Invisible plastic hazard?
When you think of plastic pollution, mountains of rubbish, dead animals and carelessly thrown away plastic packaging are bound to buzz around in your head. But plastic pollution manifests itself differently. For example, through the barely visible microplastics.
What is microplastic?
Microplastics are pieces of plastic that are smaller than five millimeters and are therefore difficult to see with the human eye.
Where does the microplastic come from?
What do chip bags, the controller of your favorite console and your functional shirt have in common? That's right, for many they are not only part of the lockdown pastime, but are also made of plastic. What we know as plastic is nothing but plastic. These are synthetically manufactured materials and are omnipresent in our everyday lives. Even if, for example, plastic bags are no longer visible to the eye after a long period of 10 - 20 years, there are tiny fragments that pollute and pollute our environment. This microplastic then gets into the organism of animals and humans.
The plastic particles that get into the seas, for example through wind and weather or through incorrect disposal, are absorbed by fish and other sea creatures in their organism. When we eat fish, the particles then get into our bodies. But we also absorb them through the air, tap water and the daily handling of plastic packaging.
We consume around 5 g of microplastics per week, which is equivalent to an entire credit card.
- There are already more than five trillion pieces of plastic floating in our seas
- It is estimated that some plastic will exist "forever".
- There have been reports of over 700 marine species eating or getting caught in plastic
How harmful is microplastic for humans?
With regard to the potential danger of microplastics, research is still in its infancy and there are large gaps in knowledge. Scientists have also disagreed for years. Some assume that the body absorbs microplastics from a size of 5 µm, but these are also excreted via the gastrointestinal tract. The nature conservation association criticizes the premature "all clear", calls for more controls of the drinking water and warns that the influence of microplastic intake through breathing has not been investigated and that the study situation is not meaningful enough.
It is clear that microplastics cost a number of animal lives every year. Marine studies have revealed that persistent pollutants tend to stick to microplastics. Thus, the pollutant content of the microplastic particle can be up to 1 million times higher than that of the surrounding water. It has been proven that microplastic particles can lead to inflammation in mussels. In animal organisms, the particles can lead not only to inflammation but also to intestinal blockages, injuries to the mucous membranes and disturbances in the hormonal balance.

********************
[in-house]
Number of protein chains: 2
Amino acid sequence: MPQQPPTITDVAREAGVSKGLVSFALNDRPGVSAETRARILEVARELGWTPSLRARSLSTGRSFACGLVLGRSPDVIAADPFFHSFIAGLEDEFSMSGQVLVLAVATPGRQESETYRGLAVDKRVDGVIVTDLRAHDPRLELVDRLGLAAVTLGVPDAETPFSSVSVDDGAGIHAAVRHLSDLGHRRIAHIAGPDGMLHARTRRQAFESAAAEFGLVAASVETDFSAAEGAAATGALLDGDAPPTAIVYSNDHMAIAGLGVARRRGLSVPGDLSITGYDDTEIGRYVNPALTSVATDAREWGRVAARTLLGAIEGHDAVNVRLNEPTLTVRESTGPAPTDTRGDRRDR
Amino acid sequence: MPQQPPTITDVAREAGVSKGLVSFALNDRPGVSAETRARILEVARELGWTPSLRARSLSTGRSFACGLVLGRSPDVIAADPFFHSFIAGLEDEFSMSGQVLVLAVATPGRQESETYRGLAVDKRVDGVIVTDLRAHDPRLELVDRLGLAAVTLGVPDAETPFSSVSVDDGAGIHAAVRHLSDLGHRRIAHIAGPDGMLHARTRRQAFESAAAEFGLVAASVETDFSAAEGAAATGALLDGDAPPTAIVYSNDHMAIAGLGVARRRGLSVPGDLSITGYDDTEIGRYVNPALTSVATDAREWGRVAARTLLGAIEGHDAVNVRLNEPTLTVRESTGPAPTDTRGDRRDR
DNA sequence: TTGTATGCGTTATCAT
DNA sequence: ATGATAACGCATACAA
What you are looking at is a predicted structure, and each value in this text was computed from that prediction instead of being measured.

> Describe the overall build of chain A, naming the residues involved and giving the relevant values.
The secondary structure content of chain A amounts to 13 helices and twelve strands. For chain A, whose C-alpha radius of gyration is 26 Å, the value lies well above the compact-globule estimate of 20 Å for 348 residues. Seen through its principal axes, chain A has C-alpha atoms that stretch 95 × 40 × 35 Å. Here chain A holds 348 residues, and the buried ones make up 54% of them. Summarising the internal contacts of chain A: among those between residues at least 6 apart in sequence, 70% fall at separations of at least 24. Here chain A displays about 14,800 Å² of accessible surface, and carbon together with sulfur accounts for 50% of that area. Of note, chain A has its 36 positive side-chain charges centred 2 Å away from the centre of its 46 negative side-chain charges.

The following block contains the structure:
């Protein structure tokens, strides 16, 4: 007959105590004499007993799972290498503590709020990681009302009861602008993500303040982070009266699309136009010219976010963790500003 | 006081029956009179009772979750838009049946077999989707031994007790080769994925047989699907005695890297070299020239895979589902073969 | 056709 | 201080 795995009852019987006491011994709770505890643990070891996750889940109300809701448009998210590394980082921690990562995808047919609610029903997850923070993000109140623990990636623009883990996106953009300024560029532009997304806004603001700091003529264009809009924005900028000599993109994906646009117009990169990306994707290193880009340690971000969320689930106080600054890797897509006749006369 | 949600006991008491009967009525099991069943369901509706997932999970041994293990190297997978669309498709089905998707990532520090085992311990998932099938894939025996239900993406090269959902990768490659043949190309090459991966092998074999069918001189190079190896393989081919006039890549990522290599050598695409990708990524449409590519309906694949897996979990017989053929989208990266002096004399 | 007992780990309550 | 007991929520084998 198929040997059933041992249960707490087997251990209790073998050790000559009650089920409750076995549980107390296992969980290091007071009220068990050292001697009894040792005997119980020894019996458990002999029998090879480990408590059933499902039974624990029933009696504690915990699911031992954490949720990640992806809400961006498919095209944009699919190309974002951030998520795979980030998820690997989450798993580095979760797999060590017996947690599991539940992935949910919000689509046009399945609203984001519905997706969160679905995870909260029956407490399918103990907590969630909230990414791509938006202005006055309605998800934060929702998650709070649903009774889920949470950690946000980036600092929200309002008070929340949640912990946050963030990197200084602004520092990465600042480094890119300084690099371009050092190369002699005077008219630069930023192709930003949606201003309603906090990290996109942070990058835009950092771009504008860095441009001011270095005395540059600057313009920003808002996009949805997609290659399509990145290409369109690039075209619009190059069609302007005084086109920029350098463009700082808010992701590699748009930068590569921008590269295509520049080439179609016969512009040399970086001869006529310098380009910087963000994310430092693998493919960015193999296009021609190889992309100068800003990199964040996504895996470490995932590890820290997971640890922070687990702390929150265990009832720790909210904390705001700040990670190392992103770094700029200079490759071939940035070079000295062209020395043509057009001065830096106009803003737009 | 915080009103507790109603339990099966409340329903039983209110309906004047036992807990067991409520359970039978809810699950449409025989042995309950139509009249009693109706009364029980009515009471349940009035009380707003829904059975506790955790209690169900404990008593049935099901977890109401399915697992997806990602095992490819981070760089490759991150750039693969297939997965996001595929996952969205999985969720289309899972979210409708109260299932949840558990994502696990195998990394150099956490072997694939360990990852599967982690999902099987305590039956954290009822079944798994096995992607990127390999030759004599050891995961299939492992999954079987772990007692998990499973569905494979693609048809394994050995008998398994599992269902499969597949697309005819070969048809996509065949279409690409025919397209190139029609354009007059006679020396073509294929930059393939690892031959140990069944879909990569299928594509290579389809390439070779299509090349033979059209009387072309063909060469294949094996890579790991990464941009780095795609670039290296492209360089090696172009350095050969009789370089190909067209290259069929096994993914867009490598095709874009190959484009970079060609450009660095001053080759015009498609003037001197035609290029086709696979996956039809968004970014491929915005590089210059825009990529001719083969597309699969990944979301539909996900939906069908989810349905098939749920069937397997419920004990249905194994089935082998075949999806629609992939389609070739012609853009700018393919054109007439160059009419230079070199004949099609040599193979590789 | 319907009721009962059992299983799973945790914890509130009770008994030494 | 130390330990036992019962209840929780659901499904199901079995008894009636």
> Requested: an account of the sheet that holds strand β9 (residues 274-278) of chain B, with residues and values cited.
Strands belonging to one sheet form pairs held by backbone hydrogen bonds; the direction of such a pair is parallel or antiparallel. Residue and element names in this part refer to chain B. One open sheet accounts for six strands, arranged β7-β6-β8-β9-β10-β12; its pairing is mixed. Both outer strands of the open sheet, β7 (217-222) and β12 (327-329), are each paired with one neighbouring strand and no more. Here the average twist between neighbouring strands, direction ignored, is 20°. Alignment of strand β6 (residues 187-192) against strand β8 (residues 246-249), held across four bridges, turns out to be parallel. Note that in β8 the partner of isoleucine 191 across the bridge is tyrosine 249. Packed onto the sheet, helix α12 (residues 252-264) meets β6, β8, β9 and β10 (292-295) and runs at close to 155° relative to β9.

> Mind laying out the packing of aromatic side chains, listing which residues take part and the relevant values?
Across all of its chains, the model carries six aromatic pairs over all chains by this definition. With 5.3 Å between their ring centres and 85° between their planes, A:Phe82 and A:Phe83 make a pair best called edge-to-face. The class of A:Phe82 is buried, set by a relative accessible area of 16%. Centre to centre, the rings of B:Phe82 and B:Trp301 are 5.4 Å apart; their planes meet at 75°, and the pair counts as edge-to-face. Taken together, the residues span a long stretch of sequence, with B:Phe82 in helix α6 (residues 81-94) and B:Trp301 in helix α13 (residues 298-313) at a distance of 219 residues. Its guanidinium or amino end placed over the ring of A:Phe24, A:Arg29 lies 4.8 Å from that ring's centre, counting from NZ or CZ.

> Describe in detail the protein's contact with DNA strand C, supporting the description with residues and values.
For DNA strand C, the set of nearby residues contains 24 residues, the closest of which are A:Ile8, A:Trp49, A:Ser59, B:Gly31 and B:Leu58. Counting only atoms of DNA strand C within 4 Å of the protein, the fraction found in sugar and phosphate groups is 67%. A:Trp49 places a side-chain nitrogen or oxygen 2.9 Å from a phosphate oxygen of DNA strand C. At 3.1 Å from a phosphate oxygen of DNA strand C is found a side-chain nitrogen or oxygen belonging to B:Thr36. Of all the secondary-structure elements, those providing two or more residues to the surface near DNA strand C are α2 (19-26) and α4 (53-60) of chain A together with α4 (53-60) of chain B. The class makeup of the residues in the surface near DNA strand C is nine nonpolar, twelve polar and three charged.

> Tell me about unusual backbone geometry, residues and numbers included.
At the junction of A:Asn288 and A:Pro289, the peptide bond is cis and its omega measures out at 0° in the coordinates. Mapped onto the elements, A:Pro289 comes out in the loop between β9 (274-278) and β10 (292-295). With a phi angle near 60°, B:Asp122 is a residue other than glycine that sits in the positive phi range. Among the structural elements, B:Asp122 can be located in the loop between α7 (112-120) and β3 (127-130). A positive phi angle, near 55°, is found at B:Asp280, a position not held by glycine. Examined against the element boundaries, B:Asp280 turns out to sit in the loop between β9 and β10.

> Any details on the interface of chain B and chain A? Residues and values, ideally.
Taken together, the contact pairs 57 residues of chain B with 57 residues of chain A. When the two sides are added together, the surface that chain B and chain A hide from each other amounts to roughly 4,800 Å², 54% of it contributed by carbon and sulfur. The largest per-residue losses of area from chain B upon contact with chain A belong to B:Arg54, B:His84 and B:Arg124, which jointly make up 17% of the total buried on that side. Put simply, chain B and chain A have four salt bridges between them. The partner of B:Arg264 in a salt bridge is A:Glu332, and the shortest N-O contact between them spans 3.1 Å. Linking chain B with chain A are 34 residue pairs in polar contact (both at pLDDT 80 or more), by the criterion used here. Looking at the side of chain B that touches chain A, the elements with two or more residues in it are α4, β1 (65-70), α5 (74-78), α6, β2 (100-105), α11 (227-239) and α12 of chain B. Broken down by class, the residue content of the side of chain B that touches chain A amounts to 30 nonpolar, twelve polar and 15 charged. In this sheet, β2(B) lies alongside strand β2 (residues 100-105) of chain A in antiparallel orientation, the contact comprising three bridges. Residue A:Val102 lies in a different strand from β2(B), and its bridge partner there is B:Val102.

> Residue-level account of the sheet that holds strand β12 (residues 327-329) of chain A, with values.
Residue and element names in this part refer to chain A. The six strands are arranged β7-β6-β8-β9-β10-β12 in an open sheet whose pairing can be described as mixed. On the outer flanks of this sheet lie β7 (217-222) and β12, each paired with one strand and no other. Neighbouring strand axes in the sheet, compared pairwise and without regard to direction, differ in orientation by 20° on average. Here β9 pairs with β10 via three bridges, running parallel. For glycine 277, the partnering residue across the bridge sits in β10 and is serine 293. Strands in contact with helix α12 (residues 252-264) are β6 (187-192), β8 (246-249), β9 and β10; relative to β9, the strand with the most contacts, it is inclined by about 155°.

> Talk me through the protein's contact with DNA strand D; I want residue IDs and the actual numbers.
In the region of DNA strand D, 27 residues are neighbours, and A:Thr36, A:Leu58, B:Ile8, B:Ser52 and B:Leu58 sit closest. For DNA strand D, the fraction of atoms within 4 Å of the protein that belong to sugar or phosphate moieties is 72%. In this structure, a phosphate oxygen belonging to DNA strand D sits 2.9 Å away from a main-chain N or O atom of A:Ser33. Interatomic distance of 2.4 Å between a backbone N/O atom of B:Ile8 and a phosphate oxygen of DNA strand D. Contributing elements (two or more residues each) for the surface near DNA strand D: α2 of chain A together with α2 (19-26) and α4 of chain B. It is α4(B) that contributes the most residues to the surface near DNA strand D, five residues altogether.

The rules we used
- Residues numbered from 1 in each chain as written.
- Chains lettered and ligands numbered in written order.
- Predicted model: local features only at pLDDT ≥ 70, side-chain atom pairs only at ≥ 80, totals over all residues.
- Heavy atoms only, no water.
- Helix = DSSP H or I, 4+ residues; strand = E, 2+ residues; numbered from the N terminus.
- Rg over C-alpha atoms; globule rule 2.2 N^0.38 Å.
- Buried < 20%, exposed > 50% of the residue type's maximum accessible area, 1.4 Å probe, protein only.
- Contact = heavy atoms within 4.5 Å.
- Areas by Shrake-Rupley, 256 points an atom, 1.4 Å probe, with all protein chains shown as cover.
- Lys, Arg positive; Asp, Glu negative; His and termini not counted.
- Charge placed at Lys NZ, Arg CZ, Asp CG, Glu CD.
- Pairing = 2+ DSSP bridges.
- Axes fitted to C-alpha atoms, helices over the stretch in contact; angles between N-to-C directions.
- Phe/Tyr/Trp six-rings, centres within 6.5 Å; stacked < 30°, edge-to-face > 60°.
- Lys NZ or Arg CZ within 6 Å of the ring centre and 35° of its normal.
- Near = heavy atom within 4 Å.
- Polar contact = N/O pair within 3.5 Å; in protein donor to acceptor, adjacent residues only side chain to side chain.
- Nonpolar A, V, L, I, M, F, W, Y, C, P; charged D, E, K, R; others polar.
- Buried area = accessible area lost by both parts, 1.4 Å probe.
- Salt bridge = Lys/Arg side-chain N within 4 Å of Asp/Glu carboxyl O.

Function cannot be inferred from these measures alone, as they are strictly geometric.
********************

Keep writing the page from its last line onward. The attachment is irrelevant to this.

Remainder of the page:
The role of hormonal toxins
Additional substances are added to plastics during production. These include so-called hormone toxins (endocrine disruptors), which are similar to natural hormones and can therefore have a negative impact on hormone balance. Some endocrine disruptors are therefore banned or have strict limits. Bisphenol A (BPA) is probably one of the best-known hormone toxins. BPA can promote diseases, especially in newborns, children, the elderly and pregnant women. In laboratory mice, it was discovered in 1998 that after eating dissolved bisphenol A, the prostate enlarged, puberty started earlier and sperm quality decreased.
Microplastic promotes cancer
...because plastics attract and bind toxins. We're exposed to plastics throughout the day, and the more of them we eat, the more toxins can become stored in the body, causing inflammation. Hormone toxins are considered to be a co-trigger of hormone-related cancers, such as breast cancer and testicular cancer, infertility, diabetes, as well as obesity, immune deficiency and learning and behavioral disorders (including ADHD).
An overview study by the World Health Organization (WHO) shows the connections between the increase in hormone-related diseases and hormonal pollutants.
The largest sources of microplastics
In Germany, the abrasion of car tires is considered the largest source of microplastics. The particles, which initially remain on the road surface, can be washed into soils by rain, directly into surface water or the sewage system.
A big problem is artificial turf or the plastic granulate that is used for it. These granules are carried into the environment by the wind and by athletes.
Synthetic clothing also contributes to microplastics entering the environment. Synthetic fibers are removed during washing and end up in the waste water.
The cosmetics industry is a major source of microplastics. Plastics are not only used as abrasives in peelings and shower gels, for example, but also as film formers, emulsion and binding agents. In our 3in1 Lime Shower Fluff, for example, we use the finest sea salt particles instead of synthetic abrasives to make the skin feel smooth.
Better safe than sorry
Exactly how harmful microplastics are for the human organism has not yet been conclusively clarified and a number of studies are still required. What is certain, however, is that microplastics are very harmful to wildlife and pollute the environment.
Since microplastics can only be filtered in local sewage treatment plants to a limited extent and thus pollute the world, all our products are 100% free of microplastics, even the packaging! :-)You can find our blog post on microplastics in cosmetics here .
Our tipMaybe replace two or three plastic products with (micro)plastic-free or even unpackaged ones. For example toothpaste or the drinking bottle. Not everyone can do everything perfectly, but everyone can change something.
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